Reusable water bottles can endanger your health – expert issues serious health warning

The coronavirus pandemic had added further impetus to the fight against climate change, with governments across the world embracing the green revolution. On a personal level, it can be hard to know how to make a difference but recycling is a crucial lever. Reusable bottles are a small but significant step to saving the oceans. However, some can present hidden health risks.

Plastic bottles are the one’s watch, warned Cheryl Lythgoe, Matron at healthcare body Benenden Health.

“Whilst on the go, we should be ensuring that we stay hydrated and many of us ritually have a reusable plastic bottle as our constant companion.”

However, as she explained, most plastic bottles we use daily are made of polycarbonate plastics.

“Polycarbonate plastics have been manufactured since the 1950s with an industrial chemical called bisphenol-A (BPA),” noted Lythgoe.

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“Additional research suggests a possible link between BPA and increased blood pressure, type 2 diabetes and cardiovascular disease,” warns the health body.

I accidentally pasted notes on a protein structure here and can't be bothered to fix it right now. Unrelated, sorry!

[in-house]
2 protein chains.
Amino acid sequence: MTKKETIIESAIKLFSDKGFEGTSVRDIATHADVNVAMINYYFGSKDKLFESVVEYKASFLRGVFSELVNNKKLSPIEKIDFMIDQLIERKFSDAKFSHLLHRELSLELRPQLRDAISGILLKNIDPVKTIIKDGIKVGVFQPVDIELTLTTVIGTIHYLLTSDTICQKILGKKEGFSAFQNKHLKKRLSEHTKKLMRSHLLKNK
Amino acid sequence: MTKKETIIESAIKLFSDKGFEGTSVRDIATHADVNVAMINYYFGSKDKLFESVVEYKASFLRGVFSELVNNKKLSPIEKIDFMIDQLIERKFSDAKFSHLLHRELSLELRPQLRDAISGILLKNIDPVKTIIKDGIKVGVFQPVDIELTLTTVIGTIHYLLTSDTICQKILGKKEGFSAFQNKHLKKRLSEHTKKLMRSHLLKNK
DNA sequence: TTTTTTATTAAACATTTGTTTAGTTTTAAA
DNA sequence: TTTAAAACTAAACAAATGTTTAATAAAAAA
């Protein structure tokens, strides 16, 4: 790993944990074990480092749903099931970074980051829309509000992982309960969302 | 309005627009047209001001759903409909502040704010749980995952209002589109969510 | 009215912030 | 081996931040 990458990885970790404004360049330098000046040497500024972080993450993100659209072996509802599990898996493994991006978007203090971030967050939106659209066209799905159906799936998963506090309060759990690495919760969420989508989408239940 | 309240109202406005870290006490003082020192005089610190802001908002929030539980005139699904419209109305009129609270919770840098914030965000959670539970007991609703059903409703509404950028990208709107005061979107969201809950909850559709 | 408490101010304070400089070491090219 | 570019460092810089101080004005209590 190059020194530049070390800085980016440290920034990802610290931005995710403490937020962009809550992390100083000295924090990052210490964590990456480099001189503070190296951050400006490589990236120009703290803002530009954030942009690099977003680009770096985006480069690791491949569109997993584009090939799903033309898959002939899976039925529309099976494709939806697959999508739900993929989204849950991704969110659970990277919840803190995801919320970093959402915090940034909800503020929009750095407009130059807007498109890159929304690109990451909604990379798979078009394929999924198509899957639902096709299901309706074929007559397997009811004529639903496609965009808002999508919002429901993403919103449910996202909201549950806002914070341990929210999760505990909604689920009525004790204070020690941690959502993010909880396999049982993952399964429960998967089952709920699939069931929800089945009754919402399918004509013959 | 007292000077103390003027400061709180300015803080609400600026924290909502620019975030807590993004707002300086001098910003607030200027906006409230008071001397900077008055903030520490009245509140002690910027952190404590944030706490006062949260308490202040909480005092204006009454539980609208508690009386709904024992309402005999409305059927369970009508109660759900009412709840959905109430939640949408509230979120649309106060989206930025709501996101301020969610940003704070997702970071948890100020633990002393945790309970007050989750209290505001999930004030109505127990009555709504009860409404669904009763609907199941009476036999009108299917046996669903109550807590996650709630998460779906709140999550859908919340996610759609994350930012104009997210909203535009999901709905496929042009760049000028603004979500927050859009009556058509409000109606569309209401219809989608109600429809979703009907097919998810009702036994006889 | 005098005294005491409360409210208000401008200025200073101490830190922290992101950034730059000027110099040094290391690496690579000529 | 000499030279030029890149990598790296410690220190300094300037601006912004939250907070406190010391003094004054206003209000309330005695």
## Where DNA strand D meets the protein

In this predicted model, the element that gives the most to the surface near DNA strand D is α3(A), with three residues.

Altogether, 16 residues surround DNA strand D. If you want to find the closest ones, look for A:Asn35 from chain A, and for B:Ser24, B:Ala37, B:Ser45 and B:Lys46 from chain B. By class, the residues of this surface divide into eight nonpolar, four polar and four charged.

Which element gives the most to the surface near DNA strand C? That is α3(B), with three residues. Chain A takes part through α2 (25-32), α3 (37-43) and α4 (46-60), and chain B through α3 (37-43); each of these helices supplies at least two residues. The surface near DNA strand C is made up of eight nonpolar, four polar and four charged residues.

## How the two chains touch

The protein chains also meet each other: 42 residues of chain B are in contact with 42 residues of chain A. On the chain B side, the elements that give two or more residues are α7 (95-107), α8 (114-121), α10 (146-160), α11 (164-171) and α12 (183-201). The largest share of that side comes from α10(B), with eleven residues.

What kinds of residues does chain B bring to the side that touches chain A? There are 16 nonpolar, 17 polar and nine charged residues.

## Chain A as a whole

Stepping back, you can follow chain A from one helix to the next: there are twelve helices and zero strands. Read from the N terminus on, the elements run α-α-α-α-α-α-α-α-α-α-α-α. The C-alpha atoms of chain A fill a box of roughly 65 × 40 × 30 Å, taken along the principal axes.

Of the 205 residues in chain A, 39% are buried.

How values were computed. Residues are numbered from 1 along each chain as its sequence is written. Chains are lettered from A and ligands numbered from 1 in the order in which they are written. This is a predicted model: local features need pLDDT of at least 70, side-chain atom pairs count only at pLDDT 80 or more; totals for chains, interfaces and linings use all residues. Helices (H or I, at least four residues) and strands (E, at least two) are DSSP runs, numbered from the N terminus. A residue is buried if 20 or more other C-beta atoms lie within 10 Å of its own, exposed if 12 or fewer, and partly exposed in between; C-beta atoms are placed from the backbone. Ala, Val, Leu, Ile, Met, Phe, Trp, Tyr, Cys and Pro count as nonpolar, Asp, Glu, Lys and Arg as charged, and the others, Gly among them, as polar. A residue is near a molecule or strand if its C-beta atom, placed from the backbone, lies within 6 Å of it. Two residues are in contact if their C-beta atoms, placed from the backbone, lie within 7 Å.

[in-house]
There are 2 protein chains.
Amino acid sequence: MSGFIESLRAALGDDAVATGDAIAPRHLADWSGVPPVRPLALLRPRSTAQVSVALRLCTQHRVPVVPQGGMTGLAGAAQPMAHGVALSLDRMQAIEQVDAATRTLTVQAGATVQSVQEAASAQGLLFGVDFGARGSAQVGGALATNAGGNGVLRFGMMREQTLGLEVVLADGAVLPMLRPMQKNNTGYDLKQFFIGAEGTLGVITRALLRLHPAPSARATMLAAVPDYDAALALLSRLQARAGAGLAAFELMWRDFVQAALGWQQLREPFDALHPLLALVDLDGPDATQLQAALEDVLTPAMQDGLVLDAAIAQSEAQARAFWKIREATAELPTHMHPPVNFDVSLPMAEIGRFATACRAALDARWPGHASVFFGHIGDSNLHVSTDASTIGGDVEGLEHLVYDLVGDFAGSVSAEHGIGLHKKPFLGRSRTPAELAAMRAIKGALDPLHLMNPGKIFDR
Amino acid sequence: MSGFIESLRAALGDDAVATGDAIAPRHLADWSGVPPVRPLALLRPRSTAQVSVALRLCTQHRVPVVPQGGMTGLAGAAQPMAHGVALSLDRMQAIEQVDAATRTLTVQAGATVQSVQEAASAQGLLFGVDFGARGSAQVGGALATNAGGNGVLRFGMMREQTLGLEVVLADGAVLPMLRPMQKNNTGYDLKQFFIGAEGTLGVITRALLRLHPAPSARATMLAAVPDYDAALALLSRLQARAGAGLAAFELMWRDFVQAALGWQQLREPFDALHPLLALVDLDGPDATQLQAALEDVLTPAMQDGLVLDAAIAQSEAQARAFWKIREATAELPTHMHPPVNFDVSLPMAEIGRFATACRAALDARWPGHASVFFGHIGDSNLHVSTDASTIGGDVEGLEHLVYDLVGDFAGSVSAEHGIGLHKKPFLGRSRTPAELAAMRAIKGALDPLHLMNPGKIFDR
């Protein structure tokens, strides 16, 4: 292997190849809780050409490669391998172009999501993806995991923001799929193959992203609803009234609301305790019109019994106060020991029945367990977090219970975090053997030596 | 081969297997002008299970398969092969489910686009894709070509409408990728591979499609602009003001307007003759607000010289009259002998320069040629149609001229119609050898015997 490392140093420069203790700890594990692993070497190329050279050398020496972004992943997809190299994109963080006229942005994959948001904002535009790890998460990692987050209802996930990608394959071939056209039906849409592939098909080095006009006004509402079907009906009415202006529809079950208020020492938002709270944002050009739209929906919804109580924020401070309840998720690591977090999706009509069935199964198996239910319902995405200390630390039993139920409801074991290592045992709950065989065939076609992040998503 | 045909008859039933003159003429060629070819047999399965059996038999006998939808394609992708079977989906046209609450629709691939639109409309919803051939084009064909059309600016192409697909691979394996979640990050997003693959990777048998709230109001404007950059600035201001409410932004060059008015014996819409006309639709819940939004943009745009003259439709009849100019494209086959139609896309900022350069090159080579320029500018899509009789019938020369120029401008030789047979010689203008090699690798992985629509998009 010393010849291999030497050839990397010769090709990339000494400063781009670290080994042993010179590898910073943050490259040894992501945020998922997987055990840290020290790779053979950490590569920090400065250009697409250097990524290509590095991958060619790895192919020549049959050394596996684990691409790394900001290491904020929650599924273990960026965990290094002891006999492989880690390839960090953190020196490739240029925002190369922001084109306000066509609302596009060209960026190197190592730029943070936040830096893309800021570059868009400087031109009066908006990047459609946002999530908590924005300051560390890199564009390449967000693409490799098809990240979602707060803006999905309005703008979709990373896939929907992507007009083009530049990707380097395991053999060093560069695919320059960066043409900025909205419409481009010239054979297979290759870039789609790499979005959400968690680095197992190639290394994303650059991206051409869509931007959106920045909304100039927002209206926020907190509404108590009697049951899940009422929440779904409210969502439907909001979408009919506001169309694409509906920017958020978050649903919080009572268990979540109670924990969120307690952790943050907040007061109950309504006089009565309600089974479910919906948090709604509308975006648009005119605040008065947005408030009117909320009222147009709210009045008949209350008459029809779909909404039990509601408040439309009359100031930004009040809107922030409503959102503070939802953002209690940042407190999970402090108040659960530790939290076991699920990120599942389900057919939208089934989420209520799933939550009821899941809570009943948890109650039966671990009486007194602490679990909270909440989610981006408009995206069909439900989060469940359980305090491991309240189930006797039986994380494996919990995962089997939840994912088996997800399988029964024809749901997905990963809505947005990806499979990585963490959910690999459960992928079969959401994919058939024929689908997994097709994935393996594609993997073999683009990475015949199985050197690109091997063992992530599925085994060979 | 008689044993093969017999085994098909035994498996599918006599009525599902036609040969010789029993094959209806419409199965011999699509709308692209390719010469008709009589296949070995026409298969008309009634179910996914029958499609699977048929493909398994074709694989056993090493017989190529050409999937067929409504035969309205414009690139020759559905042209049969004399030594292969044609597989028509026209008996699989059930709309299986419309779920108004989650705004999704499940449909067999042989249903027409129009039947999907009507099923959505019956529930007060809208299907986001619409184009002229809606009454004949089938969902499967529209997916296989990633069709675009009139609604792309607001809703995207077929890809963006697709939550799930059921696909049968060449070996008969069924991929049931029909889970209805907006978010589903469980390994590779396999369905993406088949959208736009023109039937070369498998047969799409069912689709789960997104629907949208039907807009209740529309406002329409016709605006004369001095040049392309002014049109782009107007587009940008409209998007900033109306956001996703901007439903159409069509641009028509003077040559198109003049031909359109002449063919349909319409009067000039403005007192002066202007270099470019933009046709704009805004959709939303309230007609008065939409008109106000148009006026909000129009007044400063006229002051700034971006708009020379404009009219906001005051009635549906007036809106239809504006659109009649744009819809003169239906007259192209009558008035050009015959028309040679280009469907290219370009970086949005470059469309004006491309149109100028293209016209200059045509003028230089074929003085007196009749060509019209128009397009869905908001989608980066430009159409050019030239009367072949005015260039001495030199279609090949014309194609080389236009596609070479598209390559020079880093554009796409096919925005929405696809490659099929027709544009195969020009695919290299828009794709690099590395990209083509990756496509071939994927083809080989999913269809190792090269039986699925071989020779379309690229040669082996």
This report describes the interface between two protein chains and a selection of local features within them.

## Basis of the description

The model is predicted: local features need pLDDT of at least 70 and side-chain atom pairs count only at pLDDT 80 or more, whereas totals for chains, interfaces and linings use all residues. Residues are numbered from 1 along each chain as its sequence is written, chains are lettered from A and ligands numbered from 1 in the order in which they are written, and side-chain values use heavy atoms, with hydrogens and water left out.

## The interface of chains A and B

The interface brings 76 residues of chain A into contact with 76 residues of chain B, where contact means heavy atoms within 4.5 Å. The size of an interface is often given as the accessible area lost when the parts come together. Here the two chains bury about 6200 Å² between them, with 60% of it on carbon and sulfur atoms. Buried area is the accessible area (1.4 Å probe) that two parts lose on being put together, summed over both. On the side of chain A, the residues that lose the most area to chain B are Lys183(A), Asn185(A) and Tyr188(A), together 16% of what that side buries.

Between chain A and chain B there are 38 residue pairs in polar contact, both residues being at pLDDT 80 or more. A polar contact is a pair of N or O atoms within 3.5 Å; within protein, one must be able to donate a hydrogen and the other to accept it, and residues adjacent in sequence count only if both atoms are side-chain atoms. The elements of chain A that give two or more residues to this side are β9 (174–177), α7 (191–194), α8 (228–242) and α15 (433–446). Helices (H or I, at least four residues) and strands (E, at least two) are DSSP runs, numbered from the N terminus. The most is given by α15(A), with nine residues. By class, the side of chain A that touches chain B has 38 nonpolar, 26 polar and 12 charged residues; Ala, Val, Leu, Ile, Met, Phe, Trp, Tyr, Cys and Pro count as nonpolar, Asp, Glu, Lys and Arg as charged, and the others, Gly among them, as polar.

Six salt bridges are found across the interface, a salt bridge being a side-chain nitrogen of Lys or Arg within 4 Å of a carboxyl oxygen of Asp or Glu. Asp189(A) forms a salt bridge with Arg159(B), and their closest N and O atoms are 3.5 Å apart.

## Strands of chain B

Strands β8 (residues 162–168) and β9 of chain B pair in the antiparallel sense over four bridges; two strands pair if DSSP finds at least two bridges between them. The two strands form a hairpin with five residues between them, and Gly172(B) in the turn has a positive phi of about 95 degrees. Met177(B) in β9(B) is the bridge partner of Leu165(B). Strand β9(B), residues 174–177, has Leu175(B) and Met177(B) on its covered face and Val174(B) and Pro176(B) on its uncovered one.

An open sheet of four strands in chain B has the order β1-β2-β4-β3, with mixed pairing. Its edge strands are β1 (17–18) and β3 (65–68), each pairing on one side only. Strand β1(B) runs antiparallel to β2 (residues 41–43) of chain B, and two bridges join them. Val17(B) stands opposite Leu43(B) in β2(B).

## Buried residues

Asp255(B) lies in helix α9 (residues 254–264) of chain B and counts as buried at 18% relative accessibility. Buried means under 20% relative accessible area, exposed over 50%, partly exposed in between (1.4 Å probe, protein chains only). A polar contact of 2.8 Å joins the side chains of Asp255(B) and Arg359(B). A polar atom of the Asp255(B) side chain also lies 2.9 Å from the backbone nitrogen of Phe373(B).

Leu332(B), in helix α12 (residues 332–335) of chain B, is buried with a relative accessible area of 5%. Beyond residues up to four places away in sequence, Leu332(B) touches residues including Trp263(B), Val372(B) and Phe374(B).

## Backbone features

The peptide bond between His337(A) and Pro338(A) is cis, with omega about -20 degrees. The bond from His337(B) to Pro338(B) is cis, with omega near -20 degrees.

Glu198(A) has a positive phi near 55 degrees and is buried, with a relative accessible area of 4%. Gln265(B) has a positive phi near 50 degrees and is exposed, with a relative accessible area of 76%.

According to Lythgoe, you can reduce the risks by opting for a different type of reusable bottle.

“Stay hydrated but make sure that hot drinks are from cups made of pottery, glass, or stainless steel and consider using a stainless-steel water bottle for those on the go drinks.”

If you’re concerned about BPA, there are other steps you can take to reduce your exposure.

“Don’t put plastic containers in the microwave or dishwasher, because the heat may break them down over time and allow BPA to leach into foods,” warns the Mayo Clinic.

It is also important to look for products labelled as BPA-free, notes the health body.

You should also cut back on cans and reduce your use of canned foods, it adds.

How does BPA get into the body?

The primary source of exposure to BPA for most people is through the diet.

“While air, dust, and water are other possible sources of exposure, BPA in food and beverages accounts for the majority of daily human exposure,” explains the National Institute of Environmental Health (NIH).

According to the NIH, the degree to which BPA leaches from polycarbonate bottles into liquid may depend more on the temperature of the liquid or bottle, than the age of the container.

“BPA can also be found in breast milk,” it adds.


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